By Cindy Alvarez & Bob Newkirk
“In Globalization 1.0, which began around 1492, the world went from size large to size medium.
In Globalization 2.0, the era that introduced us to multinational companies, it went from
size medium to size small. And then around 2000 came Globalization 3.0, in which the world
went from being small to tiny.”
– Thomas L. Friedman
Investors are understandably often focused on domestic events. Inflation in the U.S., the Fed’s response, and the risk of a recession are all important topics. (See Will the Fed’s Inflation Fight Cause a Recession?) However, the financial prospects of many firms based in the U.S. are significantly affected by international developments. A savvy investor tracks global events in order to understand their potential effects on foreign investments but also, importantly, U.S. firms as well.
It’s a Tiny World After All
If you are invested in the U.S. stock market, you likely have a significant stake in the global market. A large chunk of the income for many U.S. companies is from overseas sales. According to Goldman Sachs, 29% of the aggregate revenue of the S&P 500 is from foreign sales. That figure is higher for a number of prominent corporations, based on reporting by CNBC. For Netflix and Meta (i.e., Facebook), foreign sales are 59% of their revenue. Semiconductor businesses have even more exposure, at 78%. Some of the businesses with substantial international sales may be surprising, e.g., 70% of the sales of the disability insurer Aflac are foreign.
Currency Exchange Rates Matter
One type of international development that can affect overseas sales is foreign currency exchange rates. Those rates can have broad effects on the U.S. economy. Lately, the U.S. dollar has been strengthening versus two primary currencies in Europe, the Euro and the British Pound. As the dollar strengthens, the dollars a foreign currency buys drops.
A strong dollar can hurt the bottom line of U.S.-based corporations. Businesses often bill and collect in the local, foreign currency. As a result, if the dollar is strong, the business has a difficult choice to make. The business can either raise prices in the local currency, or accept fewer dollars in exchange for its sales. As an example, say Netflix sells a monthly subscription in France for €8.99, or €107.88 per year. Netflix decides to keep its prices the same. Last year, one euro was worth about $1.16, so that €107.88 meant $125.14 in revenue for Netflix. Today, the exchange rate for a euro is about 97¢. The same revenue in euros is worth only $104.64, a drop of 16%. This phenomenon puts additional pressure on U.S. companies that may be struggling to meet earnings projections.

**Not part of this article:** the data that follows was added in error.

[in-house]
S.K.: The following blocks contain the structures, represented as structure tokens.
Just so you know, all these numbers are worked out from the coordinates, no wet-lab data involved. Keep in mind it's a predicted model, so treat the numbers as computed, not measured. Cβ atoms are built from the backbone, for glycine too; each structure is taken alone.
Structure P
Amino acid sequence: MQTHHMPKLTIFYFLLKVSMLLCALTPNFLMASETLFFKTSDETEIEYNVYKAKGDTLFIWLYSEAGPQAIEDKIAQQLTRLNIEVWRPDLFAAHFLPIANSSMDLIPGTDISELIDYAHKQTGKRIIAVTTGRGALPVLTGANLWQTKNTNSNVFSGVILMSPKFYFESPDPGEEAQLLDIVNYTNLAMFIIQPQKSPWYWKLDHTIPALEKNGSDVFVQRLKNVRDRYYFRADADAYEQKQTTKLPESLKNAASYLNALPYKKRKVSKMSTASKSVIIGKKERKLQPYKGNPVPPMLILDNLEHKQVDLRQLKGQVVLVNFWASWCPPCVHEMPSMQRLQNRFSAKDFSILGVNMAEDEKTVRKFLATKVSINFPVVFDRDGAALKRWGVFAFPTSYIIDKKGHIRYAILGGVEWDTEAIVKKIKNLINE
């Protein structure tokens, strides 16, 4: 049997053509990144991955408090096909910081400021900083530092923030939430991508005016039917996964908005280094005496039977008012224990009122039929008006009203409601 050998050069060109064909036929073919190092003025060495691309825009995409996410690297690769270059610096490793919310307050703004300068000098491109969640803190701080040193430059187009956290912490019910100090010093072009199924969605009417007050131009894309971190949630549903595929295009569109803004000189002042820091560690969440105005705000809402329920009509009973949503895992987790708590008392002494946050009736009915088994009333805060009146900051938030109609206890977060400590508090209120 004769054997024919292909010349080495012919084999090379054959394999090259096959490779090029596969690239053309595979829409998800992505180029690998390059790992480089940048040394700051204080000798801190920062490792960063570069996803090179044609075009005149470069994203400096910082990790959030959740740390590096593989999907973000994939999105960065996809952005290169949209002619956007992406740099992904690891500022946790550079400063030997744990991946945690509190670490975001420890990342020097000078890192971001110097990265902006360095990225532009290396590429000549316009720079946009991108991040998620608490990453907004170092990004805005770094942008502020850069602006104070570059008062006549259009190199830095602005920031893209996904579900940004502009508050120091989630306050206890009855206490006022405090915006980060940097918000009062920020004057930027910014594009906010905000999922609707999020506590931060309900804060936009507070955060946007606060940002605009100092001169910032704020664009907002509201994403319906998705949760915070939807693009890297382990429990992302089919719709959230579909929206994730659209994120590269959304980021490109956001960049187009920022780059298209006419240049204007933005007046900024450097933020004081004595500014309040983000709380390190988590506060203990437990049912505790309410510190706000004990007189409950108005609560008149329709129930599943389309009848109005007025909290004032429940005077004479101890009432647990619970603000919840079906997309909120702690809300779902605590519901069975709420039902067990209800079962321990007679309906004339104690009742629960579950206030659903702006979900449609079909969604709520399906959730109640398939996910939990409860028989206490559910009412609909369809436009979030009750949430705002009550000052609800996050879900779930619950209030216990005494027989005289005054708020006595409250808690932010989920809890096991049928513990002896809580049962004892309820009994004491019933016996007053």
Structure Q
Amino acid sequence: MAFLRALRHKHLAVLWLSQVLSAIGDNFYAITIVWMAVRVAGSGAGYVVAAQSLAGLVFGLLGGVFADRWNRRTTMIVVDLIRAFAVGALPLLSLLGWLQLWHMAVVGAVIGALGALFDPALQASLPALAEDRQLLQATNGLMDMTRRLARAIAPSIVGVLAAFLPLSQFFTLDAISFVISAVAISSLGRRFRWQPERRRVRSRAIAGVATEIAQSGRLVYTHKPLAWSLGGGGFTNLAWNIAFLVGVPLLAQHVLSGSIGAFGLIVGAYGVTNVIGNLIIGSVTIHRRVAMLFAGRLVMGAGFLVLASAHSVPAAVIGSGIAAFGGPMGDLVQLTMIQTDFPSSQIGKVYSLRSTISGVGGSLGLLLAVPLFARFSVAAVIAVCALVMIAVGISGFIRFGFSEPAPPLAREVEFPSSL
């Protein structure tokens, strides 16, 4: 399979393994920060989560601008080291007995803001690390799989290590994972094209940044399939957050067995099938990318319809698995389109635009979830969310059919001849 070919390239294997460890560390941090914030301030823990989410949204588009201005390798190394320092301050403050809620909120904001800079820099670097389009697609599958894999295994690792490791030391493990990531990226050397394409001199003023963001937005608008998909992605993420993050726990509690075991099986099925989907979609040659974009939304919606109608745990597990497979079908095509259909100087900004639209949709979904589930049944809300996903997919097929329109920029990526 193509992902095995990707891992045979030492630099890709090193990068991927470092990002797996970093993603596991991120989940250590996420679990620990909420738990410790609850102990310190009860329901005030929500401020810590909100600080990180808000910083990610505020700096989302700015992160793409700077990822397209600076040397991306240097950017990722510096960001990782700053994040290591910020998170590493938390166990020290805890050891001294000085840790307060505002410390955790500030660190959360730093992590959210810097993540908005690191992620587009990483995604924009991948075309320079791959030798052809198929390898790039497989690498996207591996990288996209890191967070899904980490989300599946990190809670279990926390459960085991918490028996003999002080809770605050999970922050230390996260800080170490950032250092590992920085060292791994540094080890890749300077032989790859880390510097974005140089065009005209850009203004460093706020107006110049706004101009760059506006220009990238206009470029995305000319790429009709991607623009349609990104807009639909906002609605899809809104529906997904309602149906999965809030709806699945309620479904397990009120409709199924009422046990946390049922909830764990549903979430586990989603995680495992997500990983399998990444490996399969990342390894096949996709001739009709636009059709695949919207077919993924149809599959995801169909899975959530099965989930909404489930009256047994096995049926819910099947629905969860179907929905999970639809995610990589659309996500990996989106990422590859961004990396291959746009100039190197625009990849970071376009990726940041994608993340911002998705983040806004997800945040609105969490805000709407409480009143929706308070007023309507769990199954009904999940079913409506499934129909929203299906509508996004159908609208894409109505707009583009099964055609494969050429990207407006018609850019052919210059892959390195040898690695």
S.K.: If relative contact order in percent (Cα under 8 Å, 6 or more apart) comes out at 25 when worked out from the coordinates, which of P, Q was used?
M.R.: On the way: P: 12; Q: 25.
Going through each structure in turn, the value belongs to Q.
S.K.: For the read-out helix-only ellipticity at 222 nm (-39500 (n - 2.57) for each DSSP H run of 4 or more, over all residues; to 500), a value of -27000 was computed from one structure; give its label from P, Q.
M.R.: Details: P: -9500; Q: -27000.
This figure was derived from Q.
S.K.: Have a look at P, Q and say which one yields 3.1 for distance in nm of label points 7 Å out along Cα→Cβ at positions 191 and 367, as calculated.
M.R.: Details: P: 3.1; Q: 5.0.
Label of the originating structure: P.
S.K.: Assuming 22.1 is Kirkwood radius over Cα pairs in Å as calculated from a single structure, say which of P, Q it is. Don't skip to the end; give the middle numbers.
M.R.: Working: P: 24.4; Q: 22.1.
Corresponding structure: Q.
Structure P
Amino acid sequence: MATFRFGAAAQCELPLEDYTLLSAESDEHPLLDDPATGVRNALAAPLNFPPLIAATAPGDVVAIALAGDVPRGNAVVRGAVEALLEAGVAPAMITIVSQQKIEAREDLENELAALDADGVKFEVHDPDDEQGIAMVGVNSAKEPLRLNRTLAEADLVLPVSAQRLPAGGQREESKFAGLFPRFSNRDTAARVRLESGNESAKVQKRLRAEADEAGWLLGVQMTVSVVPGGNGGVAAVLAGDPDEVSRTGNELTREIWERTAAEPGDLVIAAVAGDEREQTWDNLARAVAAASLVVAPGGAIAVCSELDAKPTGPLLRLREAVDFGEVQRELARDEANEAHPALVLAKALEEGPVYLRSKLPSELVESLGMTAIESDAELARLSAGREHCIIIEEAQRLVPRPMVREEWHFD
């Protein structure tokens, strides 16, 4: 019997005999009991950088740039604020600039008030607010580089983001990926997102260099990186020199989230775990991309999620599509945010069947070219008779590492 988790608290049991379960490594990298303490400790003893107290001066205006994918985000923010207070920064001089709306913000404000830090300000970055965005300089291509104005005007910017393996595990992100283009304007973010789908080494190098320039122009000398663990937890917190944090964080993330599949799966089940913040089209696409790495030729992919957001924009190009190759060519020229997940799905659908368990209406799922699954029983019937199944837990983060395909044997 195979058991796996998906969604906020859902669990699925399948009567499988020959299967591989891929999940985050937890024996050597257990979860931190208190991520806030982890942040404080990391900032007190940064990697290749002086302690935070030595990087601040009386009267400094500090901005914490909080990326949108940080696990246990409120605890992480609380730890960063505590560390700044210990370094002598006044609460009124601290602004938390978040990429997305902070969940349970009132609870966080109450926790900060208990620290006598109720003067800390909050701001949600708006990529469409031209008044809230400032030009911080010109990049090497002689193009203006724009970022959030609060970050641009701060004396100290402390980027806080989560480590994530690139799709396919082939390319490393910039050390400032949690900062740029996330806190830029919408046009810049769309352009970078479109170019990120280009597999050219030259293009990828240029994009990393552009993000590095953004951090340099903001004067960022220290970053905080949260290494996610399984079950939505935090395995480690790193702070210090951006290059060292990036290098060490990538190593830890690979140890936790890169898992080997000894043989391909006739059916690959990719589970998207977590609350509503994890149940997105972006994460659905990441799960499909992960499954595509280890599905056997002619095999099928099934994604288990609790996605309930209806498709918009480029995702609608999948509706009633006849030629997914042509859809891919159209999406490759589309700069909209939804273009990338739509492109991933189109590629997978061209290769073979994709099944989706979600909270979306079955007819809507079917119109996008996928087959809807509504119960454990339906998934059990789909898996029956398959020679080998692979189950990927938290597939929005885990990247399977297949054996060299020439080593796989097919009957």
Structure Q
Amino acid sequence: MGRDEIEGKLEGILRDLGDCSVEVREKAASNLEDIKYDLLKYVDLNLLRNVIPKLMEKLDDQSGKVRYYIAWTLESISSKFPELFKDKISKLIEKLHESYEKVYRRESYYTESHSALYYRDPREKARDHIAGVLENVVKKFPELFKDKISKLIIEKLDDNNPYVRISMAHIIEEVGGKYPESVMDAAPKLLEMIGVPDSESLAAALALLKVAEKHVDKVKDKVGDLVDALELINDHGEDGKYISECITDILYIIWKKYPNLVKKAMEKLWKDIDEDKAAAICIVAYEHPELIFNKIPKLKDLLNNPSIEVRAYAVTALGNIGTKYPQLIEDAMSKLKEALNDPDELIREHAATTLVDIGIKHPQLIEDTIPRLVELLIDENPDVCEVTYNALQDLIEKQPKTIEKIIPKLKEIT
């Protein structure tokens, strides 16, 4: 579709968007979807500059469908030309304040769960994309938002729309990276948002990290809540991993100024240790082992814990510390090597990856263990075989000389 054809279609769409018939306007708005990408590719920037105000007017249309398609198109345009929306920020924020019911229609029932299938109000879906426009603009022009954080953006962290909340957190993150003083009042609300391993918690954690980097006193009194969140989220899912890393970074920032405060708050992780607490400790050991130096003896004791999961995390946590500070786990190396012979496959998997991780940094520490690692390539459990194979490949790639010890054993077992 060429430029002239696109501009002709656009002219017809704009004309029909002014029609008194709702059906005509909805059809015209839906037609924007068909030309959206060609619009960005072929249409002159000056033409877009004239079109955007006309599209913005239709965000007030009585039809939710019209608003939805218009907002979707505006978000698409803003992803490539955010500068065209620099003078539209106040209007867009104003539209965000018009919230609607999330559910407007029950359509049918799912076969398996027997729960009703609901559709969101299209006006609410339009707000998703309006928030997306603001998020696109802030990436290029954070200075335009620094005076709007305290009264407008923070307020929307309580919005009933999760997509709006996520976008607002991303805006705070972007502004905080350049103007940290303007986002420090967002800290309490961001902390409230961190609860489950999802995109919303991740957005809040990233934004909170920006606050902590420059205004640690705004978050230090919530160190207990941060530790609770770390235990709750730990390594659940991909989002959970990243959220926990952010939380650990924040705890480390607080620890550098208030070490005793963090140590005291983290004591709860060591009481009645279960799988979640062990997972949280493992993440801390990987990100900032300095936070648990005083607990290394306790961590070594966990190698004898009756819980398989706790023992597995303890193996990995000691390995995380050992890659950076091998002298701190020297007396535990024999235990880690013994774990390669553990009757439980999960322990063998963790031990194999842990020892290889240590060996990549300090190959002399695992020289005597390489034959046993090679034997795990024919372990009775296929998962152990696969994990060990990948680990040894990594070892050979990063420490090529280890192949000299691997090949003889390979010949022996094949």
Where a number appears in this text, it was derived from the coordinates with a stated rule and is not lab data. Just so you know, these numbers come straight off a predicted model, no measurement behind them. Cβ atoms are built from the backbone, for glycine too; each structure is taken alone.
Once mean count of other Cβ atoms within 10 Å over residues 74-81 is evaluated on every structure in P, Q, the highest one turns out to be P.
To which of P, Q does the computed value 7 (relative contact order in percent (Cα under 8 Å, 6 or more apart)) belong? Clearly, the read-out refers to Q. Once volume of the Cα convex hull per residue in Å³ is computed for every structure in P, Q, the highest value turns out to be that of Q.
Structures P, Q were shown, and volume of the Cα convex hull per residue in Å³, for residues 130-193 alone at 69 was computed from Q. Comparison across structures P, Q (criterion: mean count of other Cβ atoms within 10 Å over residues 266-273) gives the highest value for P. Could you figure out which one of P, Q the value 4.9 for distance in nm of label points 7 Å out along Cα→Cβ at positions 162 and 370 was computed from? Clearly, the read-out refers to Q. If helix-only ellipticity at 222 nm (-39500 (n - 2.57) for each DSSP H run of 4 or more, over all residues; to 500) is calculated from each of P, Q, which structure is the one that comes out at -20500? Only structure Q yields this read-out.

Why is the Dollar Strengthening?
A strong dollar can be a function of several factors, including the “safe haven” attractiveness of the U.S. currency, international trade and financial transfers between countries. Relative interest rates also are a factor, i.e, how do the rates in the U.S. compare to another country? Investors will tend to buy the currency of the country with the higher interest rate. Interest rates usually track with inflation. Like in the United States, European countries have been facing higher inflation rates, starting in early 2021. Most recently, inflation has increased to over a 9% annual rate, from a level near or below zero.
In the United States, our Federal Reserve Board (“Fed”) has raised its interest rates relatively quickly in the last year. (See Who’s Afraid of the Big, Bad Fed? Federal Reserve Policies Explained) The European Central Bank has also raised rates to help combat inflation, as has the Bank of England. However, these rates remain below the roughly comparable discount rate the Fed has set in the U.S.
The semiconductor industry is now being rocked by the fallout from this concern. On October 7, the U.S. Bureau of Industry and Security released new export restrictions on advanced semiconductors and chip manufacturing equipment. One reason for the restrictions is to prevent U.S. technology from supporting Chinese military modernization. The effect of the restrictions is to both limit the export of chips and related production gear, but also to prevent U.S. citizens, permanent residents and companies from supporting Chinese chip-making efforts. These restrictions almost certainly contributed to the recent stock price declines of U.S. semiconductor industry companies. Over the period of October 6-10, KLA Corp (KLA) fell 8.6%, and Lam Research Corp. (LRCX) fell 11.8%. For the same period, the price of the Invesco PHLX Semiconductor ETF (SOXQ) fell 9.2%. Decisions by the Chinese government can have significant effects on U.S. companies.